A camera and a sketchpad are always at hand, for recording the inspiration of a moment. Later, I develop those concepts and ideas into a composition. Then comes the plan for construction. I weave multiple elements, light and heavy, quiet and loud, foreground and background, into a dynamic composition.
Barry has been making pots at his shop near Dallas, North Carolina since 1973. He digs and enhances a local clay. He also uses minerals and other materials found in Gaston and Lincoln counties for glazes and slips. His production includes wheel thrown pots such as coffee cups, large mugs, casseroles, bowls, teapots, vases, plates, platters, vases, & trays. All pots are singlefiredin a 74 cubic foot sprung arch kiln fueled with # 2 diesel oil. Above cone 5 he adds wood and salt.
As a student at Gaston College he met Michael Cardew who probably has most greatly influenced his approach to clay. Mr. Cardew at Gaston presented Ladi Kwali who made a pot in the African tradition by walking around her work.
He worked with Jack Sexton and Grace Carr at JS Pottery.
Ben Davison encouraged Barry to salt fire and designed his salt kiln.
“Nature creates beauty all around us fresh daily. I aspire to capture some of that beauty and freshness in my pots.” - Barry
Barry is featured the month of November in ElectricIties 2016 calendar. This calendar features artist/crafts people from 66 small North Carolina towns. An article about Barry's pottery was published in the June 2016 issue of Gaston Alive magazine.
website: Lockman Pottery.com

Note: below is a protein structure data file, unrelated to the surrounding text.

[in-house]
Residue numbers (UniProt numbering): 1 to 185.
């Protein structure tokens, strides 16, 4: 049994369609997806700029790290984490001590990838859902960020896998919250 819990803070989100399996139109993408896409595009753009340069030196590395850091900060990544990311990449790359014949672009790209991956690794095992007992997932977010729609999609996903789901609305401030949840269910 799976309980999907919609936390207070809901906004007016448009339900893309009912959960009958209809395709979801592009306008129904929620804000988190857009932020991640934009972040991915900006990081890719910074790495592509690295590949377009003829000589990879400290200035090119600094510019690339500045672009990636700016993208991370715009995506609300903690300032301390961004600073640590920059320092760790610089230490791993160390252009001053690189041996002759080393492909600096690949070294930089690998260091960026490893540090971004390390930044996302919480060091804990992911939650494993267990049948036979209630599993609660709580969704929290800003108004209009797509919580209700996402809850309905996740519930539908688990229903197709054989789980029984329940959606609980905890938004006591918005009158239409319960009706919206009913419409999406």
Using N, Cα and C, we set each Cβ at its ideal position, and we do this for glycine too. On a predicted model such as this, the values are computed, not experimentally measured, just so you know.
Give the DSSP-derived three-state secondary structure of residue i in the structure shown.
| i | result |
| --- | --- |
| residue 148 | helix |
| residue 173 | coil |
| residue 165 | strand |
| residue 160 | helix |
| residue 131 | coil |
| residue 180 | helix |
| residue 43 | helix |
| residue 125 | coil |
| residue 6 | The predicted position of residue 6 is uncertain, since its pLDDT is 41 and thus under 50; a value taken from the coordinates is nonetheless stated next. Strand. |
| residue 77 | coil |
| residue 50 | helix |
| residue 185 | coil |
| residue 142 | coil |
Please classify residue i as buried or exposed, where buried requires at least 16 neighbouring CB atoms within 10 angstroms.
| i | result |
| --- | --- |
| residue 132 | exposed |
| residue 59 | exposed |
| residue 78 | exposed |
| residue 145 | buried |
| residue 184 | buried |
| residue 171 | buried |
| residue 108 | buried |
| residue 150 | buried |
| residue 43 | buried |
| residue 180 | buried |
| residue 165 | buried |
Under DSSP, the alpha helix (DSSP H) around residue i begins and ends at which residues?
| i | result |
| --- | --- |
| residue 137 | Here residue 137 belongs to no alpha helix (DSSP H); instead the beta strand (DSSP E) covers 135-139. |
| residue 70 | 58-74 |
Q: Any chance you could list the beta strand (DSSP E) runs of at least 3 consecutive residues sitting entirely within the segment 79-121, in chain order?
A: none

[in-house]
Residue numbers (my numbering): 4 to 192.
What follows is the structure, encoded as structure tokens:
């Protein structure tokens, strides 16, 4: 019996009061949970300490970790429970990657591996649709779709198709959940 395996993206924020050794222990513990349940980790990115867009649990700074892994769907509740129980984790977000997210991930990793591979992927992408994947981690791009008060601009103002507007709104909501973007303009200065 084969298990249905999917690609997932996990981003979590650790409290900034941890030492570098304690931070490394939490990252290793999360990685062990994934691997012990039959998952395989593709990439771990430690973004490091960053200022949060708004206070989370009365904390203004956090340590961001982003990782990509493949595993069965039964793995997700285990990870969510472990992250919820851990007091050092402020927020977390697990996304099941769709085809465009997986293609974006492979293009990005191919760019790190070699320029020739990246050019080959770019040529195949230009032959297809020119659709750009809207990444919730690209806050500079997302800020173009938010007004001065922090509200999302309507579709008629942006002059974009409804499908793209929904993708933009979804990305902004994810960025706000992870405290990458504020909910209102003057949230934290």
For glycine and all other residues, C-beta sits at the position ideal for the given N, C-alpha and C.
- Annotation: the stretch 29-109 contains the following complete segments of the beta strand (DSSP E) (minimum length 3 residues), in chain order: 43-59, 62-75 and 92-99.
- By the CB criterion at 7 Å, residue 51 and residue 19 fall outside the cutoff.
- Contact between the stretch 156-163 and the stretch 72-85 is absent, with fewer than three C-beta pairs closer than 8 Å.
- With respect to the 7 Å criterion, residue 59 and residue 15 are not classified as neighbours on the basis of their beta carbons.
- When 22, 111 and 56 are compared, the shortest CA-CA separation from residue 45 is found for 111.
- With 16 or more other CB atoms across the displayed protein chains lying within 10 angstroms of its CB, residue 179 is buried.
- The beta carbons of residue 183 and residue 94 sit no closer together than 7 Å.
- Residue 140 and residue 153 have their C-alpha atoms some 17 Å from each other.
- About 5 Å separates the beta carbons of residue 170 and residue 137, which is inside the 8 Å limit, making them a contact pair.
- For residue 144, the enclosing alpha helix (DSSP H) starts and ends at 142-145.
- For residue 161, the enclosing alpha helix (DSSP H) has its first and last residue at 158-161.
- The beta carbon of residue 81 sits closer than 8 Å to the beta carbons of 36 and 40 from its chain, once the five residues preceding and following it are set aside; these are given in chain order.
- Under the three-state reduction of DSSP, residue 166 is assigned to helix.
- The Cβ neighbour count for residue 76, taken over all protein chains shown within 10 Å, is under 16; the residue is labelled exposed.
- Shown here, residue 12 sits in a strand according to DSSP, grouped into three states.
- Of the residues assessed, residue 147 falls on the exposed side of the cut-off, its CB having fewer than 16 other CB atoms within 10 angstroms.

Purchase Barry’s Pottery at
Kings Mountain Art Center (Southern Arts Society), Kings Mountain, NC
Southern Charm Winery, Lincolnton, NC
Meet the Maker: Lockman Pottery In the Gaston County town of Dallas, potter Barry Lockman uses local materials to create artwork influenced by the natural world around him.
Please view the article written by K McKay and view the video
Lorene's paintings capture the true essence of nature; in beaches and moutain landscapes, rural scenes, majestic trees, garden and wildflowers and often birds. They are portrayed in a straight forward manner that evokes our sensitivities to nature as she shares her emotions and experiences through her art.
Lorene began to paint seriously in 1986 twenty-three years after her formal training during college. During those intervening years she raised two lovely daughters and owned and operated an Art Gallery/Bookstore in Montana where she grew up. (She often called it an "Art Mercantile") After living twenty six wonderful years in Colorado she now resides in Belmont, North Carolina. Lorene works out of her studio in Gastonia, North Carolina with twenty-five other artists in a shared building called "Arts on Main".
Ms. Lovell has developed a technique using table salt and diluted dish soap, which often creates the ethereal feeling in her "magical reality" paintings.
Lorene's work is exhibited in many corporate and private collections as well as galleries in North and South Carolina, Montana and Colorado.
Jean delights in making unusual, lightweight and mechanical jewelry, often with a message that is written or implied. She is a certified Precious Metal Clay instructor and likes to combine PMC pieces with traditional silver work. Several of her instructional jewelry-making projects have been published in Lapidary Journal and Art Jewelry magazines. Jean lives in Belmont, NC.
Katie is a SC native who has been creating all her life. She studied fine arts at Winthrop University and studied abroad in China. Her focus was in ceramics and she later went back to pursue a degree in art education. She taught fine arts in the public school system for seven years and is now working on growing her portfolio. She is apprenticing with Barry Lockman, a local potter in Dallas and is also a private contractor for the Schiele Museum, where she assists the exhibits team with painting, drawing and sculpting. Her passion is for creating porcelain pieces and carving patterns that are inspired by nature. She hopes to learn more about exhibits while also growing her ceramic business. She lives with her husband and four year old son in Gastonia.